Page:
Making it happen . . . Digital Office projects manager Josh
Jenkins urges people to support Dunedin’s bid to become
Gigatown — the city with the fastest broadband in the
country. Photo by Dan Hutchinson
Complacency could be Dunedin's biggest enemy as it
competes for the title of ‘‘Gigatown'' and the fastest internet
service in the country.
Chorus' Gigatown contest will see one town provided with
ultra›fast broadband - up to one gigabit per second - at
However, Dunedin Digital Office project manager Josh Jenkins
said organisers were not sensing the level of enthusiasm
An extra incentive started this week, with 75,000 points
going to the town that nets the most support by Tuesday next
week, on top of the 10 points for every person who signs up.
Last year, The Star talked to Dunedin businesspeople about
the competition, who all said winning would remove many
barriers, like being isolated from the rest of the world.
Animation Research managing director Ian Taylor said the
competition was an opportunity but if people did not get
behind the campaign, the city could be left behind.
Five finalists will be chosen in September, and then go on to
compete for the prize.
‘‘Dunedin people tend to be a little pessimistic, they tend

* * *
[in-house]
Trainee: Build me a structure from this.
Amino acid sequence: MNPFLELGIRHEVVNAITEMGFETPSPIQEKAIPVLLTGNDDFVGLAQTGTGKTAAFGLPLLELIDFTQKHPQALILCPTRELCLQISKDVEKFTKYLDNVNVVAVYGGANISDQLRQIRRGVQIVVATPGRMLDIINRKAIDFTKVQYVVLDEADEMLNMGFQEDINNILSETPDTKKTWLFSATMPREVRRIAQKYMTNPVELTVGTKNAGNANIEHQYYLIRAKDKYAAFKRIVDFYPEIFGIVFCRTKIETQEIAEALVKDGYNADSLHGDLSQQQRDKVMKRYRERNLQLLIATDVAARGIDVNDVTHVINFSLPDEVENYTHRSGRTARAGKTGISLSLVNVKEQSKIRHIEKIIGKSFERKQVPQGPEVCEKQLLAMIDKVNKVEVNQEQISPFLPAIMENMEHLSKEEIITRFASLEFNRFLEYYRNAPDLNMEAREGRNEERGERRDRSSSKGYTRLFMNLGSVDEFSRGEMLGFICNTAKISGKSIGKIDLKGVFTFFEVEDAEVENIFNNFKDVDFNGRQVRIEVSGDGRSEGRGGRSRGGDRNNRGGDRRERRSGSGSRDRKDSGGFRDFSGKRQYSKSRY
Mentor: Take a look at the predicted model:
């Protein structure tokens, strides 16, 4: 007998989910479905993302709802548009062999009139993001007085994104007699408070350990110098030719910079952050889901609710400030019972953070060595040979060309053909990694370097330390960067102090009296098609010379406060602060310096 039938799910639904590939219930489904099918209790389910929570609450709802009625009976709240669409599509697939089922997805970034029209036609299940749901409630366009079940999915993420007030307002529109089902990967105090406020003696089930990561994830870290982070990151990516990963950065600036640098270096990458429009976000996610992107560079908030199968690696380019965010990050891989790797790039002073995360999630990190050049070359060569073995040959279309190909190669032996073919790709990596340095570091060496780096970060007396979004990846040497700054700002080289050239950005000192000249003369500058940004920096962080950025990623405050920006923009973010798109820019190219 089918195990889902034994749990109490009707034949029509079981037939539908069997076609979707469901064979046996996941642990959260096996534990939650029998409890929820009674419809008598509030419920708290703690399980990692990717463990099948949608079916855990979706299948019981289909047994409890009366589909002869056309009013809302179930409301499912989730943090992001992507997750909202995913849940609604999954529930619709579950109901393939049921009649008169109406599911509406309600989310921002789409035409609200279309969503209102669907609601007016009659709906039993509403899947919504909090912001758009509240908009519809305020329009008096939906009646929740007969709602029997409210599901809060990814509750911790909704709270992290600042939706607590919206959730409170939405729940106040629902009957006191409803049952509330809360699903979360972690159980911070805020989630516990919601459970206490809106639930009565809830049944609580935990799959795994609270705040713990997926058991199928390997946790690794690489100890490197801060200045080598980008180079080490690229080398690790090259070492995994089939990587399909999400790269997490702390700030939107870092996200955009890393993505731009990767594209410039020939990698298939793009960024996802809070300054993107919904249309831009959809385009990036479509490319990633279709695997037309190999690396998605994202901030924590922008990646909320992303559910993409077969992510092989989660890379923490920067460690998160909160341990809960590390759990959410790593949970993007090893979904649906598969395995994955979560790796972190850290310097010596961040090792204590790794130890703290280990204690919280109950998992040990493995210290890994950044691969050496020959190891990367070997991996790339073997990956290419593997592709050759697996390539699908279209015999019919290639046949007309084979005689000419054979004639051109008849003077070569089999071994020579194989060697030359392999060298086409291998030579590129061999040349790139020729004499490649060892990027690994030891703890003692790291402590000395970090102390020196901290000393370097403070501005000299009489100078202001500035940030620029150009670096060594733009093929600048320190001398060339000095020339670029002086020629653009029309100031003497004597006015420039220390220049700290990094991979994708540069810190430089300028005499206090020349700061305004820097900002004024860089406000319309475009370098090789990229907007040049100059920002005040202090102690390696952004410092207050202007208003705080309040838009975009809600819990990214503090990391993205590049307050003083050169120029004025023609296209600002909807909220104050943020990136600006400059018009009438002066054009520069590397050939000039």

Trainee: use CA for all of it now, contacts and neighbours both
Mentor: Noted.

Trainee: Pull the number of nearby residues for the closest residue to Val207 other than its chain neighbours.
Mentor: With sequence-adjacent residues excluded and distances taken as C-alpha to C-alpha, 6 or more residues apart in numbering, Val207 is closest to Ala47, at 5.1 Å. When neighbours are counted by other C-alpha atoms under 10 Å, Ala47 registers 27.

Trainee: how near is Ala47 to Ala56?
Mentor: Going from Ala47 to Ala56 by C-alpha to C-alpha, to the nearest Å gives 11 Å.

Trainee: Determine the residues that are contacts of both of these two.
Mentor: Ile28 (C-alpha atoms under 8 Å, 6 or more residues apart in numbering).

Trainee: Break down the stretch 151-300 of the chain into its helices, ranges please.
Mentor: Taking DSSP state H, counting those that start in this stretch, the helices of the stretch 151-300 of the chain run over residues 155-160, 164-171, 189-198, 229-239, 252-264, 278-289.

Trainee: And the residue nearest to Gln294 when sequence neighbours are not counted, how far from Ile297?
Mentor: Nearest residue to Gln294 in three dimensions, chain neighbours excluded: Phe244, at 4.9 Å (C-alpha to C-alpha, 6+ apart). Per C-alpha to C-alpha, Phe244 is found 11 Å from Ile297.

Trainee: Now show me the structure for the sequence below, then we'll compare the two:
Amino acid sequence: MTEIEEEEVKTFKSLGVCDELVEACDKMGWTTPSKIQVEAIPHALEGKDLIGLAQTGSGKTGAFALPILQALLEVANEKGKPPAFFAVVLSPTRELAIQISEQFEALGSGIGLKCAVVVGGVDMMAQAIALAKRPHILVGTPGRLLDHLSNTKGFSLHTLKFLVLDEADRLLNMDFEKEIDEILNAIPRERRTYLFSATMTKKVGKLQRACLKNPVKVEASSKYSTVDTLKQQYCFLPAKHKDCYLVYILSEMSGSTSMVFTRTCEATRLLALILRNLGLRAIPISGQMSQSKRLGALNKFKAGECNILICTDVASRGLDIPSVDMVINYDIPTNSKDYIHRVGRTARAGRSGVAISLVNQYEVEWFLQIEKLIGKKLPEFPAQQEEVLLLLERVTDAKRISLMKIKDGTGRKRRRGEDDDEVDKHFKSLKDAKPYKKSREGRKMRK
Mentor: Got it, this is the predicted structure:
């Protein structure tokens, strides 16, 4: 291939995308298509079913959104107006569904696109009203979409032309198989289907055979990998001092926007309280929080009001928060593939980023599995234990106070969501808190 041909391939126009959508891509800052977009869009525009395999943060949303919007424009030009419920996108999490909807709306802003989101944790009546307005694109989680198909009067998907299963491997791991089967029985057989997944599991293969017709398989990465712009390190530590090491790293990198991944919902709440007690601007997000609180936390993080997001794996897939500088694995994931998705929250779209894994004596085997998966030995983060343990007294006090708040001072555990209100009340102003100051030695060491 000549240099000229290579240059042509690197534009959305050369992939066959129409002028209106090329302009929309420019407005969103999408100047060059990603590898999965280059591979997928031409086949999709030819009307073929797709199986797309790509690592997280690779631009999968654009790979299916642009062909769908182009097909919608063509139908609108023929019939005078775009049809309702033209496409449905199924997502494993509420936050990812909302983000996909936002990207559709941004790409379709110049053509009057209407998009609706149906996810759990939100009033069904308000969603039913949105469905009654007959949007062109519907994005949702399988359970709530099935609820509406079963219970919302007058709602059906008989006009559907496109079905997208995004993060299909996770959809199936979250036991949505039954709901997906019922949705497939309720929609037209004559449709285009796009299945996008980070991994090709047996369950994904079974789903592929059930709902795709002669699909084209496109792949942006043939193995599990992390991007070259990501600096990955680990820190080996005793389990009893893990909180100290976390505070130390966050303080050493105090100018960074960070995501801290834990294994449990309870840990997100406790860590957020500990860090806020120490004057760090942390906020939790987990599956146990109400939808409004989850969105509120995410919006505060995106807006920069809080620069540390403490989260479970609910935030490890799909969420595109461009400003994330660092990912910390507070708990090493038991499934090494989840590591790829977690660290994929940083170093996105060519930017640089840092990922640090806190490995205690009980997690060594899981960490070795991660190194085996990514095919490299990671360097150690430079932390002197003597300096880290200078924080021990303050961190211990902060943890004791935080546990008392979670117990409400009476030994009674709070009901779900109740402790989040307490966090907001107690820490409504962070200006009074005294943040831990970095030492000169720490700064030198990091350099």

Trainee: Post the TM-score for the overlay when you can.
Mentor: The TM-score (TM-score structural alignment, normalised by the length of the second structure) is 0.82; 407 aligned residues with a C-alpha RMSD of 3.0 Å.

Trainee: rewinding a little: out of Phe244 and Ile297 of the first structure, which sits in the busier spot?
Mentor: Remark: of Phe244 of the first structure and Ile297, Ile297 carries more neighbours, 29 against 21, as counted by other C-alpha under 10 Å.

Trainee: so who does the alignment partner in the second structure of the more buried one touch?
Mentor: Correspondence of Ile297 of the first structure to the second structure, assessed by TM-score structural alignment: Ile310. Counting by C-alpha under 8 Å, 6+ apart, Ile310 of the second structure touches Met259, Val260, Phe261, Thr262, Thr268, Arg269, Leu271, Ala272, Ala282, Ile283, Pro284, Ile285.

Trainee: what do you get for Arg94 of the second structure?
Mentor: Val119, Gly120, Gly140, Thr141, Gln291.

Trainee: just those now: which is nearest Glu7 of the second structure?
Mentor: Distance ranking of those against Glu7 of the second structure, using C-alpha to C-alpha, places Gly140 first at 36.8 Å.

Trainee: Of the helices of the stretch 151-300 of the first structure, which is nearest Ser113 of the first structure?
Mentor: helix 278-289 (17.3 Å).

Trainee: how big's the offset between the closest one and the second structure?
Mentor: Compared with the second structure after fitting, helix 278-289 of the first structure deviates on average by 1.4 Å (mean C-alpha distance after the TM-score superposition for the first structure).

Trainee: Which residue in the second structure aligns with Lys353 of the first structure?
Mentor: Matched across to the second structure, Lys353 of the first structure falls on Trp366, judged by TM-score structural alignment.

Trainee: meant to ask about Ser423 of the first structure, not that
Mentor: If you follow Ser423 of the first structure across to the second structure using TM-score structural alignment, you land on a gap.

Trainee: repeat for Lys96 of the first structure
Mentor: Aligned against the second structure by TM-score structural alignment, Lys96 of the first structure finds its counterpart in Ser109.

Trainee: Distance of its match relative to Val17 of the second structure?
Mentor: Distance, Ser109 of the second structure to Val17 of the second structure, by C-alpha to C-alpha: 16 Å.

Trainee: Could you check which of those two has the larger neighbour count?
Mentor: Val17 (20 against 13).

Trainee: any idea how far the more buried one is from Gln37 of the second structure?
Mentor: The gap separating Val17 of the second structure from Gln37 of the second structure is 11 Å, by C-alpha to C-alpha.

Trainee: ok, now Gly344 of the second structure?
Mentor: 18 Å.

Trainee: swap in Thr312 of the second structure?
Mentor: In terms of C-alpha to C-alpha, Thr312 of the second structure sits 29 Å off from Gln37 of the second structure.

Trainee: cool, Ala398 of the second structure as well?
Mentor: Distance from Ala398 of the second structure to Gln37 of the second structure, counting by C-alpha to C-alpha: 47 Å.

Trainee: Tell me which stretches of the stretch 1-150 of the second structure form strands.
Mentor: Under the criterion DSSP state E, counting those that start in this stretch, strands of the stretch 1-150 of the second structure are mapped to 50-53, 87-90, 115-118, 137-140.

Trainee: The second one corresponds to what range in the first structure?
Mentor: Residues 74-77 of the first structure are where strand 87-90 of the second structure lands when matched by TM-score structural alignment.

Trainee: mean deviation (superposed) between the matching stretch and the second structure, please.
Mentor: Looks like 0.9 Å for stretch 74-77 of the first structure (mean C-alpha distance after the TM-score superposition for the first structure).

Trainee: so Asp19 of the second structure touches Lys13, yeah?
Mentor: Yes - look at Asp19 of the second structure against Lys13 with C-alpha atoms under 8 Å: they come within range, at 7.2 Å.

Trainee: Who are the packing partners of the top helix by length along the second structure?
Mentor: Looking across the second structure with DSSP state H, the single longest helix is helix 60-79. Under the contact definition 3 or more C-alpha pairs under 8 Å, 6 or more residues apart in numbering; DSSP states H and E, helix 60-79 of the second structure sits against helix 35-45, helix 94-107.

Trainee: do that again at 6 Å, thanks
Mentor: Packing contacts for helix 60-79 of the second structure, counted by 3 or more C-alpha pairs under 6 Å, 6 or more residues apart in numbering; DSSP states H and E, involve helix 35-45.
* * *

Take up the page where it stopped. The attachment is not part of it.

to leave things until the last minute, until it is too late.
. .it has been a little bit frustrating getting the community
engagement that I would have liked,'' Mr Jenkins said.
He said people struggled to get their heads around what the
prize meant and the opportunities it offered.
Chorus is the wholesale provider of internet services and
will provide the high›speed capacity to retailers, who would
then pass that on to their customers through various
The Government and Chorus are part›way through a massive
project that will see ultra›fast broadband cables outside
almost every home in the next few years.
Mr Jenkins said some businesses already had ultra›fast
capability but were paying thousands of dollars for it. This
was likely to come down in price as more people connected.
Gigatown would give a head start to one town when it comes to
pricing and applying the new speeds.
The wholesale deal would last three years.